A student from Brunel University London, UK, has created a low-cost, portable food allergen testing device and app called Ally.

The lightweight pocket-sized device has been created by product design engineering student Imogen Adams.

This device will help allergy sufferers to carry out a quick and easy test for different food allergens.

In order to test the food, Ally users have to first crush a small food sample and then add a few drops of water inside a small flexible silicone pod.

The users need to dip the test strip and then insert it into a slot in the device, which is a bluetooth-enabled, doughnut-sized electronic device inside a plastic casing.

"The lightweight pocket-sized device has been created by product design engineering student Imogen Adams."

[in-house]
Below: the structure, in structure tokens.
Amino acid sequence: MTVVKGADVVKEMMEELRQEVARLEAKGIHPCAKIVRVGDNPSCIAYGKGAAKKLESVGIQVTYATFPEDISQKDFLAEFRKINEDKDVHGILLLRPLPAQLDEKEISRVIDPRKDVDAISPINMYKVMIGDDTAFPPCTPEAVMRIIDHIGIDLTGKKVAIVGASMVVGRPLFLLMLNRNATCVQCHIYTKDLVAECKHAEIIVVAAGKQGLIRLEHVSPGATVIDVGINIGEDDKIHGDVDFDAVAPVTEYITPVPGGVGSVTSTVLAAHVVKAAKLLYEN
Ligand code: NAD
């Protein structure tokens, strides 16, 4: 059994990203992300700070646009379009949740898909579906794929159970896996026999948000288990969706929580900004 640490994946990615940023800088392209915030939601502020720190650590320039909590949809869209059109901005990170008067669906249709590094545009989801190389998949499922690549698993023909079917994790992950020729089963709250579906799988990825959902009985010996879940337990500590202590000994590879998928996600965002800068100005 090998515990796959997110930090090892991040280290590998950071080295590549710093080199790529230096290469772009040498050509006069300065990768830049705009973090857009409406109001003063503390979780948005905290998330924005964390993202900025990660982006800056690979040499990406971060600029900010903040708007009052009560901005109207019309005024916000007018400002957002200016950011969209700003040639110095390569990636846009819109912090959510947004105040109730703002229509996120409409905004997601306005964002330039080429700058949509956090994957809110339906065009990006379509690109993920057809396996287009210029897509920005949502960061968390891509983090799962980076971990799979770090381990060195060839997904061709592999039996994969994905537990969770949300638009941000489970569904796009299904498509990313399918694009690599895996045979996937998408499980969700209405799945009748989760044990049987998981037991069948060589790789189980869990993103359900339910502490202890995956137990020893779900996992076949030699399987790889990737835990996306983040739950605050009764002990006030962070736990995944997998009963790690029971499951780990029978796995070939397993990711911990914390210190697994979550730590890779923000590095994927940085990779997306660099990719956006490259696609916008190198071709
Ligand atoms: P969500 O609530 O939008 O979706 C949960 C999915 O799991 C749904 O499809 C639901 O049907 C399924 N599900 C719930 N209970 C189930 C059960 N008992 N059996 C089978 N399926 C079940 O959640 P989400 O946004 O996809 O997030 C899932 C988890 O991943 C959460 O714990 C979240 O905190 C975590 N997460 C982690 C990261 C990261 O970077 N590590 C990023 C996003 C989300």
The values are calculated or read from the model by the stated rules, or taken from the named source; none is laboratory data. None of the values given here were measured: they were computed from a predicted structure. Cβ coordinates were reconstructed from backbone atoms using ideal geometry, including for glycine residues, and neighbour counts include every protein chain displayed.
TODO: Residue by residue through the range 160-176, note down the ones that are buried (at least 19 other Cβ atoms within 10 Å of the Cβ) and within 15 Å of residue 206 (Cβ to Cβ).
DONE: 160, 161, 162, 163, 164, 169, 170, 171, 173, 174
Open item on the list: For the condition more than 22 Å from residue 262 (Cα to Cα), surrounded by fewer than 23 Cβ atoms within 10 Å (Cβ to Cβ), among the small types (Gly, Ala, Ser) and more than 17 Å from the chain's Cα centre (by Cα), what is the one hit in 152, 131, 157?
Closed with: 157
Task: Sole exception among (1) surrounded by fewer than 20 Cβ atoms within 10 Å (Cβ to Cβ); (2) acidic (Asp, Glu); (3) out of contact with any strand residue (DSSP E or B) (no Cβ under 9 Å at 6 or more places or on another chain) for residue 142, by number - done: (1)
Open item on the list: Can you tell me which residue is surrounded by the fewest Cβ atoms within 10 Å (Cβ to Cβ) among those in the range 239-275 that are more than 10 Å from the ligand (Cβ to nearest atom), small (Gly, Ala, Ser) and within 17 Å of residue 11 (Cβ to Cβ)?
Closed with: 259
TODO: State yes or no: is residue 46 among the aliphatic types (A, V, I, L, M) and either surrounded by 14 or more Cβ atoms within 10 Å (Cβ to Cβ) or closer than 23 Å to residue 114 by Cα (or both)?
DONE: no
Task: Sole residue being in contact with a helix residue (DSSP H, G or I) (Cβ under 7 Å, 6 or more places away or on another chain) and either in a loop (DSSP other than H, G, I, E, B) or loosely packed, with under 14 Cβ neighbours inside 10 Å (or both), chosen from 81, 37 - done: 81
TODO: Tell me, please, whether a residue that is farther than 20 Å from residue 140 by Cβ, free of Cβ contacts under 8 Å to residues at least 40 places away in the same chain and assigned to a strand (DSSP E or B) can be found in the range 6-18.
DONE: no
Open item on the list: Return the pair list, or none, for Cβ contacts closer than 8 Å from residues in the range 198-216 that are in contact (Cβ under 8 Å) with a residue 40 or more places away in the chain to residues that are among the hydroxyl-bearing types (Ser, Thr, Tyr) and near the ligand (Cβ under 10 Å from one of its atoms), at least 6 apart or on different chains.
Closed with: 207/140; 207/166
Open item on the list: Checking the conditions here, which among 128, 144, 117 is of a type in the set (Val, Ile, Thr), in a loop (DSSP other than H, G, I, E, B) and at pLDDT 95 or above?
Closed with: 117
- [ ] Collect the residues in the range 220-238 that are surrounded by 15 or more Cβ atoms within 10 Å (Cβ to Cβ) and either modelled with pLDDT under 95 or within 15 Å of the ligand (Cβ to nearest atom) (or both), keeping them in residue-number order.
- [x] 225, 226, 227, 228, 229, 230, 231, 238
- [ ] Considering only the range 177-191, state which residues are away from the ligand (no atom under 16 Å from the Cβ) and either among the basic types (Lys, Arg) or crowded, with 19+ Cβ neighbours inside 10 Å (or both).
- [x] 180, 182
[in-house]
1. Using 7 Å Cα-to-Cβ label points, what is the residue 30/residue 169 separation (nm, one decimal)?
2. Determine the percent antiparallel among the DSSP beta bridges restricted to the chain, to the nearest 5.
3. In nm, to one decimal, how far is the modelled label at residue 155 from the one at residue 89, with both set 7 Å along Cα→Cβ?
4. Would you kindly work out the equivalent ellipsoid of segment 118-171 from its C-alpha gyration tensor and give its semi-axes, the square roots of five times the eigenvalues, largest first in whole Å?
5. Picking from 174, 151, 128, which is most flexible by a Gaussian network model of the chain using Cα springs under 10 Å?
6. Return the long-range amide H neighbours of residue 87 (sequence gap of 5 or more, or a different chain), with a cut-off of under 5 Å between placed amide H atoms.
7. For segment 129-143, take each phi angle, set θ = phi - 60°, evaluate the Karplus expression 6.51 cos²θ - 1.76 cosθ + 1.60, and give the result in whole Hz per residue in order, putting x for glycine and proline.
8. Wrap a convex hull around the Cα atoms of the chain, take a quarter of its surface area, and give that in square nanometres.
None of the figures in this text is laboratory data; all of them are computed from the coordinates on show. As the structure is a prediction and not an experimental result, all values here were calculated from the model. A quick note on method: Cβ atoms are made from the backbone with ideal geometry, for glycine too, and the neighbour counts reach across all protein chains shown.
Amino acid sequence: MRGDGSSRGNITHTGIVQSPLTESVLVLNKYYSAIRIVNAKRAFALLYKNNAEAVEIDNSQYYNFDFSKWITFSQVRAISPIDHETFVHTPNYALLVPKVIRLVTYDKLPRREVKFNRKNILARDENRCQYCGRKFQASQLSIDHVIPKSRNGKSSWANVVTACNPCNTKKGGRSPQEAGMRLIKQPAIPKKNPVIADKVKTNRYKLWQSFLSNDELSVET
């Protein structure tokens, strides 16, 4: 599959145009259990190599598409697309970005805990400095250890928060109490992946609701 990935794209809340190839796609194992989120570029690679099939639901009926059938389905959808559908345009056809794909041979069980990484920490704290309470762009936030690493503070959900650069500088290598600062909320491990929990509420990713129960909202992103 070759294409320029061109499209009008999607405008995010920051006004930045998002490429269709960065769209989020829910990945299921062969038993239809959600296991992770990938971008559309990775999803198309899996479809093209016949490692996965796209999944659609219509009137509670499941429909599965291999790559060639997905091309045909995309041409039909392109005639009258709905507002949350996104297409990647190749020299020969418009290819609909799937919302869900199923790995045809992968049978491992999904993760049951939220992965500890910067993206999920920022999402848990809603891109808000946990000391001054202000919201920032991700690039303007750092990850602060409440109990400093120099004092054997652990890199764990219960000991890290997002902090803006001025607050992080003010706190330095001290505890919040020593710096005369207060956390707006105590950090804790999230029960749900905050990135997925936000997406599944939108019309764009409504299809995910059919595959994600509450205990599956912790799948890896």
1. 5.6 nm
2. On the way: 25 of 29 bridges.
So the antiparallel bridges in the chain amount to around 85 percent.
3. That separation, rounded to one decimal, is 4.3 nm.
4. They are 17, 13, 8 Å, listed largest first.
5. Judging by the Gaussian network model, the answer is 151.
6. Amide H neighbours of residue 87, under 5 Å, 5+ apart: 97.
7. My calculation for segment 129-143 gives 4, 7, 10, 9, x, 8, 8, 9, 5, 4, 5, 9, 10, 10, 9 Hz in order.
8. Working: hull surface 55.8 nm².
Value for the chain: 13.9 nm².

The accompanying app when opened on a mobile phone takes one minute to process the test.

The strips to test food samples are a modified glucose test strip. Half the strip contains lactase enzyme.

If lactose is present within a sample, the glucose strip changes colour. This information is then read by a colour sensor in the electronic device.

Although ELISA (enzyme-linked immunosorbent assay) technology is the preferred type of test strip, it was expensive to use during the product’s development stage. However, this strip can be used if Ally launches in the market.

ELISA helps to measure the antigen concentration in a sample.

Imogen estimates that Ally could be produced in bulk for just over £30 a unit, with each test costing the user less than 20p.

A comparable product to test for gluten in the US currently costs £210, with each test costing the user around £5.

Imogen trialled her test device for lactose, as people develop lactose intolerance between the ages of 20-40. This problem is particularly found in people of Asian and Afro-Caribbean origin.

She is currently in the process of developing test methods for different allergens and expects to develop a ‘vegetarian checker’ to find out if there are traces of meat or fish.

Image: A portable food allergen testing device. Photo: courtesy of Brunel University London.